Enthovens bet on insurance disruptor
The investment in Simply is part of the plan which saw Yellowwoods put R20m into Naked, an online car insurer
Not all investment companies would fund a potential competitor to their core businesses, but this is exactly what Yellowwoods has done by taking 15% of insurtech firm Simply.
Yellowwoods is the secretive SA holding company of the Enthoven family. Its main interests are Hollard, with about R24bn in premium income across short-and long-term insurance licences, and Clientèle, a highly profitable but niche life office with R2.1bn in premium income. Neither has been a slouch when it comes to innovation — Clientèle, in particular, was an innovator in the direct-to-consumer market through its cheesy but effective TV infomercials.
But the Enthovens are always looking to the next generation.
The founder of the dynasty, Robert, made his name in insurance broking. His son Patrick moved into underwriting when Hollard was formed in 1980. And more recently the family have moved outside their insurance comfort zone by financing Nando’s, run by Robby Enthoven in the UK — which has been highly profitable — and the Spier Wine Farm, which, given the economics of that industry, looks like more of a fun project. It is run by Robby’s sister, Mariota. The third sibling, Adrian, runs the serious side as executive chair of Yellowwoods and chair of Hollard.
Scott Gilmour, an investment manager at Yellowwoods, says the investment in Simply is part of the same strategy which led to a R20m investment in Naked, a start-up car insurer, which has chosen to work from part of the Hollard campus in Parktown, Johannesburg.
Simply, which has been going for two years, will stay in Claremont, Cape Town.
"By investing in early-stage businesses we can be alert to the changing landscape," says Gilmour. Hollard and Clientèle have retained an entrepreneurial culture but still have legacy systems and practices which make it hard to stay at the cutting edge.
Gilmour says Yellowwoods can keep its eye on the ball as it is exclusively focused on insurance. Nando’s is run through the Enthovens’ offshore family trusts, and even the interest in the Budget Group is based in the UK: this is the family’s joint venture with Douw Steyn, and it owns Telesure and a number of insurers and comparative websites in SA, the UK and Australia. Gilmour says the long-term insurance market is worth about R110bn a year, and he would conservatively expect digital players such as Simply to make up 15% of this over the next five years.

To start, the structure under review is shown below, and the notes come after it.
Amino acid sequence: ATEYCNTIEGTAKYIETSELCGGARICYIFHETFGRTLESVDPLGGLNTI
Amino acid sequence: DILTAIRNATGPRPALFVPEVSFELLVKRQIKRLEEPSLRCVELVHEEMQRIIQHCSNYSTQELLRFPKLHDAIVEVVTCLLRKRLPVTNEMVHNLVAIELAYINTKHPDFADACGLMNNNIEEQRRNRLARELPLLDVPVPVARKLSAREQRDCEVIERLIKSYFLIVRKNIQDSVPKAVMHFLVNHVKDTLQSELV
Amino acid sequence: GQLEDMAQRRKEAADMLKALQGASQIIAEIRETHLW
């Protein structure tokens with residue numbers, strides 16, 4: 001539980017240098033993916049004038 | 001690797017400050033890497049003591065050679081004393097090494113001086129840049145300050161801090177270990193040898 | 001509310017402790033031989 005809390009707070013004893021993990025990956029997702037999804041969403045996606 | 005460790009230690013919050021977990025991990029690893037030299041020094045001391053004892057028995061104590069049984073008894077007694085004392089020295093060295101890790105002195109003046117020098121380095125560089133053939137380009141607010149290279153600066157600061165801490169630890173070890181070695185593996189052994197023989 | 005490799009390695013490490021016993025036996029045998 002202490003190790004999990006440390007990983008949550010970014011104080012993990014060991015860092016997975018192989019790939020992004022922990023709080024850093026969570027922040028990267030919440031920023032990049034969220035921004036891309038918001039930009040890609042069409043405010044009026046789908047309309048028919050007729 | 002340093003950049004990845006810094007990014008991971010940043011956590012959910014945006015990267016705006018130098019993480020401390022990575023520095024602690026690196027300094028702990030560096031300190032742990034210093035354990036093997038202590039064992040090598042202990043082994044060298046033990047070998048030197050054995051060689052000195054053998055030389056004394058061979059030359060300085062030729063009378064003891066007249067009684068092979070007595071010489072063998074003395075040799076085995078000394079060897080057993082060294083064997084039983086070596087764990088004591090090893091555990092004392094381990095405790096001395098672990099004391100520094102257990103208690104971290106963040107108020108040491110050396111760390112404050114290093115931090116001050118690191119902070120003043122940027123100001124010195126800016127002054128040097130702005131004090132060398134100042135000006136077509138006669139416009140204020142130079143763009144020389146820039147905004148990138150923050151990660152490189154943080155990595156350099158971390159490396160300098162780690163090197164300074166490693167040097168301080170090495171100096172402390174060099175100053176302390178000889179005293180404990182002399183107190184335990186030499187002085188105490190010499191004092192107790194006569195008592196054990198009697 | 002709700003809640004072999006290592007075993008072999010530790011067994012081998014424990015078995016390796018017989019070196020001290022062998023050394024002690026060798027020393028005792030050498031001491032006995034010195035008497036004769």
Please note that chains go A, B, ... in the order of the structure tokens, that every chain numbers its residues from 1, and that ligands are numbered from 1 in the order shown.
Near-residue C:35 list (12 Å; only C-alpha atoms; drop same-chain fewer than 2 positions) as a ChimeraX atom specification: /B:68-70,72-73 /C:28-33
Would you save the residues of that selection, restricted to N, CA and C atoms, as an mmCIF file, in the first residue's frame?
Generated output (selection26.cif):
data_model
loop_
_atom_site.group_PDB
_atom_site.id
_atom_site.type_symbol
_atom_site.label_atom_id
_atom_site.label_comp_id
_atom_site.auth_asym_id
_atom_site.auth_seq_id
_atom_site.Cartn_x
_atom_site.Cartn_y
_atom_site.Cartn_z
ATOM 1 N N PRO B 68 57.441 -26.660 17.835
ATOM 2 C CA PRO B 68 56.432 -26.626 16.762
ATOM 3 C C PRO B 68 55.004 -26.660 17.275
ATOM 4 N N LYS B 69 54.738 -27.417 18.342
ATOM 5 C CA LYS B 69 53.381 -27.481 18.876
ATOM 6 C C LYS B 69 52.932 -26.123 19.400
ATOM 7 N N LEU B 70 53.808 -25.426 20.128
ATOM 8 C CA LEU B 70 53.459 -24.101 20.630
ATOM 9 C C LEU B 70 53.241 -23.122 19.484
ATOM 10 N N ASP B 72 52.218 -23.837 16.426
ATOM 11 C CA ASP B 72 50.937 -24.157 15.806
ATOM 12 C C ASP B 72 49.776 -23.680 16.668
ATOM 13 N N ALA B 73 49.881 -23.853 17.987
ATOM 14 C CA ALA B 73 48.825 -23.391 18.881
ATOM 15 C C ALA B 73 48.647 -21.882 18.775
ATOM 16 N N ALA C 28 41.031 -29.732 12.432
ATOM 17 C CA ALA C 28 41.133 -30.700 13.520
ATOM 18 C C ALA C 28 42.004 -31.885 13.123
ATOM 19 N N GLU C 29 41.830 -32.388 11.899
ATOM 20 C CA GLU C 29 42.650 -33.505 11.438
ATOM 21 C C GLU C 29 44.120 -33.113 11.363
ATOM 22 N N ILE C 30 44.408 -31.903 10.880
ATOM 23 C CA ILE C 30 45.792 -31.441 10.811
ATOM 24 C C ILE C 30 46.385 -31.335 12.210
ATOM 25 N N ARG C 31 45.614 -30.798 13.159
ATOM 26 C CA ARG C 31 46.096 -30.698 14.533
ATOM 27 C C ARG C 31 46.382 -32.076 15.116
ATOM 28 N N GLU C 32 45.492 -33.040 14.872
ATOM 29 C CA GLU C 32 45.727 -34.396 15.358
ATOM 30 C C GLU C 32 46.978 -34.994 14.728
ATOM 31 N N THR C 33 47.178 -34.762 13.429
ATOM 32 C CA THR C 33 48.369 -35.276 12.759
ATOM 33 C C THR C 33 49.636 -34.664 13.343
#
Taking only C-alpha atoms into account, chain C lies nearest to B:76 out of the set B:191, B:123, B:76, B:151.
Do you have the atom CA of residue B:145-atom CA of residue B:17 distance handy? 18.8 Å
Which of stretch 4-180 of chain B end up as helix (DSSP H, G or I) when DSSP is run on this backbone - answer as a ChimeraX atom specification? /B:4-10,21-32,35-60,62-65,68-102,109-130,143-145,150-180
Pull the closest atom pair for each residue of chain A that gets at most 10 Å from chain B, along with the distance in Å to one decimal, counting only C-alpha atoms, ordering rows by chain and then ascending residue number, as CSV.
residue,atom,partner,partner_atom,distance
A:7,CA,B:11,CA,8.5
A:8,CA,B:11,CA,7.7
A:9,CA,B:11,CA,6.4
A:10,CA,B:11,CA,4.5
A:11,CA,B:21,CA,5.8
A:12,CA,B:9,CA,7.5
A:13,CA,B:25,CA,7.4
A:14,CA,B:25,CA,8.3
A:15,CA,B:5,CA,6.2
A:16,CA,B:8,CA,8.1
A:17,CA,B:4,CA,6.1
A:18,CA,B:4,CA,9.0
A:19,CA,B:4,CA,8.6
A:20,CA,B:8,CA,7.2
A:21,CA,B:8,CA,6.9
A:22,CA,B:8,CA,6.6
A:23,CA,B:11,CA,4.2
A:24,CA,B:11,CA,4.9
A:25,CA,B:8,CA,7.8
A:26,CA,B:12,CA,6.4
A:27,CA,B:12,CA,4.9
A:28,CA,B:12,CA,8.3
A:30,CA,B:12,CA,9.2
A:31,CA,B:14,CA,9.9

"And Simply already has the leading products for domestic worker cover, group assurance and SME insurance."
Simply CEO Anthony Miller says that unlike established direct-to-consumer businesses such as Outsurance Life and 1Life, Simply relies on social media such as Facebook and Instagram for communication. It does not have the high expenses of heavy TV advertising and with its digital-savvy client base it can get by with a much smaller call centre.
Miller, a former McKinsey consultant, has adapted the use of data science, which he built up when he ran the Lightstone property research engine, to the life market.
He founded Simply with two actuaries, Simon Nicholson and Shaun Dippnall.
Miller says Simply has limited underwriting, which means that a confirmed (and not an indicative) quote can be generated within five minutes. This contrasts with the fully underwritten model at competitors such as Instant Life and Different Life. Simply does not ask for medicals for cover below R2m for life or disability, or R500,000 for funeral cover.
Miller says Simply and Naked have a good relationship and exchange ideas as fellow insurtech disruptors, but there are no plans to put them together. And they are also unlikely to compete for some years to come. He says Simply will start offering savings and investment products long before it considers the short-term insurance market.
Miller says that even though Simply would like to be known as a digital business it is more than happy to distribute group products through independent brokers, provided there is no difference to the price the client pays.
Gilmour says that even though Yellowwoods is a long-term investor it isn’t scared to change its mind. It owned an interest in CoreShares, which lists exchange traded funds, but after about a year sold this on to Outsurance when the group scaled down its ambitions in the investment field.